SQL Server Page Life Expectancy as a metric has been discussed for quite a long time now and it is still considered a key performance indicator for those DBAs looking at the overall health of their database instance. There is also a lot of ambiguity around this metric and my hope is to provide the reader, especially those new to the world of SQL Server, a short overview of the metric and how it can be investigated.
Here is a link to the MSDN definition of the Buffer Manager object which provides counters on how SQL Servers uses memory to store data pages, physical I/O for reads/writes amongst other things.
Page Life Expectancy (PLE) is a measure of the duration (in seconds) a data file page is expected to stay in SQL Server’s buffer pool. Please keep in mind that this metric is not an aggregate or accumulation, but simply a point in time value which DBAs will query out of the above mention performance catalog. SQL Server will always look to see if data is in memory first and if not, it will have to go to disk and retrieve the data that it needs to complete the requested transaction.
Traditionally, the SQL Server Page Life Expectancy value most DBAs and pre-packaged monitoring solutions would aim for is 300 seconds or more. This means a data page will remain in memory for at least five minutes. The value of 300 seconds came from as a recommendation from Microsoft in the mid-2000s and the general consensus amongst SQL Server DBAs nowadays is that aiming for a set value isn’t recommended. The 300-second threshold itself comes from the days when memory was limited. Now it is quite common to see SQL Server running on systems that have TBs of RAM at its disposal. There is really no set PLE value that can be recommended. What should be done is continuous monitoring on what the PLE trend is and remain proactive when it drops and stays below the typical value for the SQL Server instance in question.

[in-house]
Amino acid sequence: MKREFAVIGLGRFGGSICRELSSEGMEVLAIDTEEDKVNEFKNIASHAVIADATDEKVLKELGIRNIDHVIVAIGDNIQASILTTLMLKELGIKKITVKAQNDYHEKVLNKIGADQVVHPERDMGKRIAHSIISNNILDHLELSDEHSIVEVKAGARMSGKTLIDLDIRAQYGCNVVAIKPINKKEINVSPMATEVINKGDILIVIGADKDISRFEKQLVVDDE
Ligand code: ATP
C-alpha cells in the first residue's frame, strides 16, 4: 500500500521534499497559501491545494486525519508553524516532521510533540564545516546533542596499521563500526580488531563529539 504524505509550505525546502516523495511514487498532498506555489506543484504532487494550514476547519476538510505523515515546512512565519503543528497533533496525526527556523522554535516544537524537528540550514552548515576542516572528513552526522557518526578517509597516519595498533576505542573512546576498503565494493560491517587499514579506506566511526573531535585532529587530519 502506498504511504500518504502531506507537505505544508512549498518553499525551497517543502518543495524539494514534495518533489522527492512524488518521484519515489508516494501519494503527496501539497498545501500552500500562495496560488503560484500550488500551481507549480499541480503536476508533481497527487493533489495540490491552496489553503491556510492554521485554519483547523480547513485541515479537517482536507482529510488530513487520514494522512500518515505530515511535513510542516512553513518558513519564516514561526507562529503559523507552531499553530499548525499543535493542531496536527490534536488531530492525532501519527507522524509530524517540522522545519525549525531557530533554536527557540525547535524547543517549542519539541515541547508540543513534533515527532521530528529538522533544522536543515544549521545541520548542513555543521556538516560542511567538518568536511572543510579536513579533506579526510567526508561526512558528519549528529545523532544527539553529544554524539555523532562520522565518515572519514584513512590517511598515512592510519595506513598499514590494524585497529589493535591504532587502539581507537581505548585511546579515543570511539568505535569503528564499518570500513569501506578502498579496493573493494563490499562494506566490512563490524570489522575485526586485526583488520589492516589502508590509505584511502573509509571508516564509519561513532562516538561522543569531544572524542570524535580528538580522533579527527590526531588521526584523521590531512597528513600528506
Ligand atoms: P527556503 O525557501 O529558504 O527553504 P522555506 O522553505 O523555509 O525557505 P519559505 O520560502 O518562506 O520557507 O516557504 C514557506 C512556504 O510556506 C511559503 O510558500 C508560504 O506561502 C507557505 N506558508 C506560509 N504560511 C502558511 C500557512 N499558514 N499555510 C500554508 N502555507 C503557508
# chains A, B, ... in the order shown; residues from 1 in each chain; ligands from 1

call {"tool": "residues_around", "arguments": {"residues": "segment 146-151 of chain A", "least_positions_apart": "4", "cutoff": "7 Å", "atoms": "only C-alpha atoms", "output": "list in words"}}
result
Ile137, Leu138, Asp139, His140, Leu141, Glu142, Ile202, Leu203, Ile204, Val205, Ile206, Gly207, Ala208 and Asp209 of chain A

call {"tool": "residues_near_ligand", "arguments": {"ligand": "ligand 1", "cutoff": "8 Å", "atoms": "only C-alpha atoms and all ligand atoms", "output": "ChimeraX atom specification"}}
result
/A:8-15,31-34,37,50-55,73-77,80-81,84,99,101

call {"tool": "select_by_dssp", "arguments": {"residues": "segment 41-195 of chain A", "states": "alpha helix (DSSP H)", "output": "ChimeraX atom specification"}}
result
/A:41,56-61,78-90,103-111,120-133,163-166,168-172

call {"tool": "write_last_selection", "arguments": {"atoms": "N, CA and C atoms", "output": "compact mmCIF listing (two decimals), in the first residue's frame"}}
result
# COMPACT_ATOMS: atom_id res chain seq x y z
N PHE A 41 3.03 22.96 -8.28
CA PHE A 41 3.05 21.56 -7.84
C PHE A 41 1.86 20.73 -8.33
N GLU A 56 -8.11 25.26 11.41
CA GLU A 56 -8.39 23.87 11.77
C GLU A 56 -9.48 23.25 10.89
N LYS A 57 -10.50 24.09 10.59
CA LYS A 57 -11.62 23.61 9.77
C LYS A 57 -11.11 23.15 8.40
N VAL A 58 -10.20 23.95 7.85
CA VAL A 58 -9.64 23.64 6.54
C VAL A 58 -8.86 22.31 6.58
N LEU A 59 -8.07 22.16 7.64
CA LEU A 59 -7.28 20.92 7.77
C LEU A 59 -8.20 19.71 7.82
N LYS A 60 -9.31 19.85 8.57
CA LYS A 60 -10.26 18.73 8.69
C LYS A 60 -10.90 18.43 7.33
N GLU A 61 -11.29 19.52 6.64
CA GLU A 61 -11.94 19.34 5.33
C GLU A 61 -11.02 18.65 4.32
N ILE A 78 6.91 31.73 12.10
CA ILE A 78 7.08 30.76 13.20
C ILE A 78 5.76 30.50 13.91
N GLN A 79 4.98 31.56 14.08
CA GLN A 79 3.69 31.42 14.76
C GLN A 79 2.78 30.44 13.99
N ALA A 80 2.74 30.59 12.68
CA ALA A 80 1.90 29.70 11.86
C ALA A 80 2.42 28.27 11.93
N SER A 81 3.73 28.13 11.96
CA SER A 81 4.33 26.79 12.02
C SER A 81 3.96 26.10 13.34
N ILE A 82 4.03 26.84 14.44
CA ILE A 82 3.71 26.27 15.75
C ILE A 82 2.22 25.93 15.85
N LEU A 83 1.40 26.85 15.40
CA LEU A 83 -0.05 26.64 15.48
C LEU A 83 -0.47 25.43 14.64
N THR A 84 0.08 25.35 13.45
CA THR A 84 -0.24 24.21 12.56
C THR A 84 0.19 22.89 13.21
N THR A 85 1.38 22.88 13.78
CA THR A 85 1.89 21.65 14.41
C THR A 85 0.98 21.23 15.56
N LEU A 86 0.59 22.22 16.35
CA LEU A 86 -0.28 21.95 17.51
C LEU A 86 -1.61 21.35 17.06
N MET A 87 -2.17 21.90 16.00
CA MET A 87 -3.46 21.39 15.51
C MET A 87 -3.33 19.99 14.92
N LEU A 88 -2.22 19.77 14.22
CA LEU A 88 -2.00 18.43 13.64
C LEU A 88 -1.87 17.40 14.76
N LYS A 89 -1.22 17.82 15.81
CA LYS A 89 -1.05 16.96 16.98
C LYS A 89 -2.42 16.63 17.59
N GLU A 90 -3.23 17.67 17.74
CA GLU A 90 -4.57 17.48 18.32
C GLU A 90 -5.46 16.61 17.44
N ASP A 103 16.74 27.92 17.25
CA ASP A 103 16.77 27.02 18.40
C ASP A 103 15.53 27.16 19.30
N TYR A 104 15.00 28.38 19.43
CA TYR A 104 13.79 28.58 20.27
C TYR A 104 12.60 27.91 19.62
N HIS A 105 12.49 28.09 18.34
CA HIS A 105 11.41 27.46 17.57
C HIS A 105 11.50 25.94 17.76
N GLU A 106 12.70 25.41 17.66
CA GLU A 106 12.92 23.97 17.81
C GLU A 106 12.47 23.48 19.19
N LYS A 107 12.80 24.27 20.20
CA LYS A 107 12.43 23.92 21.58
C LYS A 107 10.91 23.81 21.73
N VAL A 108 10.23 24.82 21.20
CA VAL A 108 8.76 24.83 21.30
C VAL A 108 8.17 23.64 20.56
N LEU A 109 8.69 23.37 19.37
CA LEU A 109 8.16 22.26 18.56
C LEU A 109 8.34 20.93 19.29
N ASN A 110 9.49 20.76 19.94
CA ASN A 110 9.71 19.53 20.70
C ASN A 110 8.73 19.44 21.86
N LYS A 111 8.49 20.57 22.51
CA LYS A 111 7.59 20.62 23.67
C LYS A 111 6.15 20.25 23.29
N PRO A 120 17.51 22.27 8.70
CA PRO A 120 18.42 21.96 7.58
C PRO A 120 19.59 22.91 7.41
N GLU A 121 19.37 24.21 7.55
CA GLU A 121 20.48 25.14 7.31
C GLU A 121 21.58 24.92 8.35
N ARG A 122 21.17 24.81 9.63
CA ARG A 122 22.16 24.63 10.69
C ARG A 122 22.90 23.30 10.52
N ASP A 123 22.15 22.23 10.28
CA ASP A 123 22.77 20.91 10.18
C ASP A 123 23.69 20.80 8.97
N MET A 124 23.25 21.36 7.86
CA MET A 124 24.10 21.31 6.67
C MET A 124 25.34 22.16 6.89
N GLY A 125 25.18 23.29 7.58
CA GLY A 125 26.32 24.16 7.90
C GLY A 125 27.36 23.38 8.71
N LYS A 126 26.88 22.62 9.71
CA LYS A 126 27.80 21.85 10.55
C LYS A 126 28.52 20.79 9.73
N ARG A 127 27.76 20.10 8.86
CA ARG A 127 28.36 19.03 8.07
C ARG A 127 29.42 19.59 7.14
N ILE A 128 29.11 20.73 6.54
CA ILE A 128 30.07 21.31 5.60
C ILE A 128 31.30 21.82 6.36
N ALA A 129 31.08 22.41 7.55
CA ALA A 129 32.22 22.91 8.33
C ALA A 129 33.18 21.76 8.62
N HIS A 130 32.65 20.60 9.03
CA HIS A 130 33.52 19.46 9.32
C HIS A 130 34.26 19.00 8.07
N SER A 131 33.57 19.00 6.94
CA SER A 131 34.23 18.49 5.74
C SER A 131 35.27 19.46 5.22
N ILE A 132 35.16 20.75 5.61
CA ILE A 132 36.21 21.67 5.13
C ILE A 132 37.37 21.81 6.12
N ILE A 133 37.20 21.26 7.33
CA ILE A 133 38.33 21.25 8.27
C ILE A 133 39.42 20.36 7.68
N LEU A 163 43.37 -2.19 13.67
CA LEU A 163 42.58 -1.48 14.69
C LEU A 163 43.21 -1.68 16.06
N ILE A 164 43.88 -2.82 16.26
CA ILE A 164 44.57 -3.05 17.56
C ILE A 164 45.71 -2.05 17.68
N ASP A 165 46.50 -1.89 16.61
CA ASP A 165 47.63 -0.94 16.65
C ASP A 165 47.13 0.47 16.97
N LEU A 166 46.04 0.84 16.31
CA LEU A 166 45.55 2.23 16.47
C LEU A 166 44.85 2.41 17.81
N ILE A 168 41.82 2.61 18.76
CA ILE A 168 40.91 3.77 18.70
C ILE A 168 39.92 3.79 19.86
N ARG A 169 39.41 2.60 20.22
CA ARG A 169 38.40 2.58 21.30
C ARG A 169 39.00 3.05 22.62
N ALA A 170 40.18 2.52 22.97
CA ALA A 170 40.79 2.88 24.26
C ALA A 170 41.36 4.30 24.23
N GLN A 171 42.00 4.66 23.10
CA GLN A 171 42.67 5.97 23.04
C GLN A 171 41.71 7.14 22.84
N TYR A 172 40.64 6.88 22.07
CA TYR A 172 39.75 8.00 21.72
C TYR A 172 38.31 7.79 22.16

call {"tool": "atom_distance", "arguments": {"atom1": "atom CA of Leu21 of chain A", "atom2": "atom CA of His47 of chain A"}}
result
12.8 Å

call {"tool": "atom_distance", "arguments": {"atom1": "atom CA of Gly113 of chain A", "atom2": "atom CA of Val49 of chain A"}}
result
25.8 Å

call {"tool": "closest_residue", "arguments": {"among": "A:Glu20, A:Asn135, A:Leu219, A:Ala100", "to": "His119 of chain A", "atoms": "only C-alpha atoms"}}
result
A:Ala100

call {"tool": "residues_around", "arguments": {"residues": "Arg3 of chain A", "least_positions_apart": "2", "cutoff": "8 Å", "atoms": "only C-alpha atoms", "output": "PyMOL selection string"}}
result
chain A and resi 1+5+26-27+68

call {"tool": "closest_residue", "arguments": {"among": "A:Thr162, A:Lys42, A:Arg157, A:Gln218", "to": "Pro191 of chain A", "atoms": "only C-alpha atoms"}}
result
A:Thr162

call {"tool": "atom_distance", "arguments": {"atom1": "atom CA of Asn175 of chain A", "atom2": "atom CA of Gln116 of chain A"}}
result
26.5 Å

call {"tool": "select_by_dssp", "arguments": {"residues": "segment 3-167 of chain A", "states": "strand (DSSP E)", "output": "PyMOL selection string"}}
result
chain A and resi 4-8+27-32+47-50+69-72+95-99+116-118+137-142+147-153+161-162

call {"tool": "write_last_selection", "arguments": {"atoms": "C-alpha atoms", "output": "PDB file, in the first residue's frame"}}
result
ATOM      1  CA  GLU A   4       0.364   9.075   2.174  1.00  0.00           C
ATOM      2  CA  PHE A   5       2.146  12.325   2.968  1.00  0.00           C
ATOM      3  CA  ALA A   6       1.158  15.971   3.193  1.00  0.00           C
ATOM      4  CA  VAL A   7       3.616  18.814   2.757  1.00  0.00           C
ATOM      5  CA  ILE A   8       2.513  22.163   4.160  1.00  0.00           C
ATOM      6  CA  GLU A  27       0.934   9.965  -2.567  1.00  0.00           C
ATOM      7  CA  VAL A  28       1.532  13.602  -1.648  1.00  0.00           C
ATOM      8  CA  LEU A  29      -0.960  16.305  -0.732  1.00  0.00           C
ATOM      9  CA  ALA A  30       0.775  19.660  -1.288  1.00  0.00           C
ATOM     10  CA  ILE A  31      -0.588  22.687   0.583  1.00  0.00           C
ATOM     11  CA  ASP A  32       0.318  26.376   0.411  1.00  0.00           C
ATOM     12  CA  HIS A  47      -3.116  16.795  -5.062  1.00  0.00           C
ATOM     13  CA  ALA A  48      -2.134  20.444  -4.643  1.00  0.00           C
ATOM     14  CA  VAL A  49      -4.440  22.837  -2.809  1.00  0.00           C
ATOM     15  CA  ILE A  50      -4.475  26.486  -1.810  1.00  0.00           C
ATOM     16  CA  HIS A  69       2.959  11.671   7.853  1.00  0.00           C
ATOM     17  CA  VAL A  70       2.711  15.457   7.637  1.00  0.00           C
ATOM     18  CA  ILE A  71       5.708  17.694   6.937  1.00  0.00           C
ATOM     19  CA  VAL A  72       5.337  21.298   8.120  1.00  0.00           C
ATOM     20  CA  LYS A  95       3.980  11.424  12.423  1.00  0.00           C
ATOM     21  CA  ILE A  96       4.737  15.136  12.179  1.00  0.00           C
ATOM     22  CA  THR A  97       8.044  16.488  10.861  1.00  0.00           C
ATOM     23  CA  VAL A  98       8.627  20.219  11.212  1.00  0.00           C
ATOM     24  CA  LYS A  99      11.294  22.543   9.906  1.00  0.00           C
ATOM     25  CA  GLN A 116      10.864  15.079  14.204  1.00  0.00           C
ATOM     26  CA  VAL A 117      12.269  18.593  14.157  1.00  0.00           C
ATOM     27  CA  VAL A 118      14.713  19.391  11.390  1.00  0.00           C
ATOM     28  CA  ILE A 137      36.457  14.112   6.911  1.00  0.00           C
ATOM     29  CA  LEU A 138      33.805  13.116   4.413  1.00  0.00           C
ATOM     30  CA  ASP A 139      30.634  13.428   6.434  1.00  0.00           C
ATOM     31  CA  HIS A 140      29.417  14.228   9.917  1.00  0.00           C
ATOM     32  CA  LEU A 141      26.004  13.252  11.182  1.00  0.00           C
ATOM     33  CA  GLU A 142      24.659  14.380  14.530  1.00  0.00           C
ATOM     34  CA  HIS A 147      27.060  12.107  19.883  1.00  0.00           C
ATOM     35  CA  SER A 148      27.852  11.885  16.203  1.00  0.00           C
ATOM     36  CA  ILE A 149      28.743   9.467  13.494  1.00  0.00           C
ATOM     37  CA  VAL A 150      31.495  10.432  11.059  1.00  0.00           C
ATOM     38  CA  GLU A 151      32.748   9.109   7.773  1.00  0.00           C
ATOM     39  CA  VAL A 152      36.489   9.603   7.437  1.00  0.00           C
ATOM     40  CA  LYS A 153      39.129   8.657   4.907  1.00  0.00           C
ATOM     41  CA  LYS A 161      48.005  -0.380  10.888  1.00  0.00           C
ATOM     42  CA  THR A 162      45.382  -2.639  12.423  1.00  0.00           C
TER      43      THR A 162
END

Troubleshooting Low SQL Server Page Life Expectancy
If Page Life Expectancy drops from the typical value range and stays there, this definitely means there is increased demand and pressure on the buffer pool.
Can your SQL Server instance benefit from additional memory? Perhaps. One thing to look for a steady and consistent increase in workload while the PLE is trending downward. If that is the case, it is probably time to increase the memory allocation. If the workload hasn’t changed, but there is increased demand on the Buffer Pool, it could be that outliers that are using more memory.
- Are there maintenance jobs running?
- Index Rebuilds?
- Update Stats or DBCC operations?
These types of outlier operations can cause large amounts of reads and could be the root cause as to the drop in Page Life Expectancy. Quite commonly, it could be that a query plan has changed, perhaps from stale statistics, and is now performing an expensive operation causing the added demand on the Buffer Pool.
There are many ways to monitor the PLE metric over time (trend analysis) as well as the queries that are transacting causing a large amount of reads. The tried and true use of DMVs and Extended Events in SQL Server have been instrumental in this process of gathering data, but are manual and time-consuming in nature while offering limited benefits when it comes to gaining a historical perspective on metric performance over time. There are also solutions such as Quest’s Spotlight Cloud which can provide the out-of-the-box ability to track Page Life Expectancy over time but analyze workload to identify which queries and/or outlier activities are causing pressure on the Buffer Pool.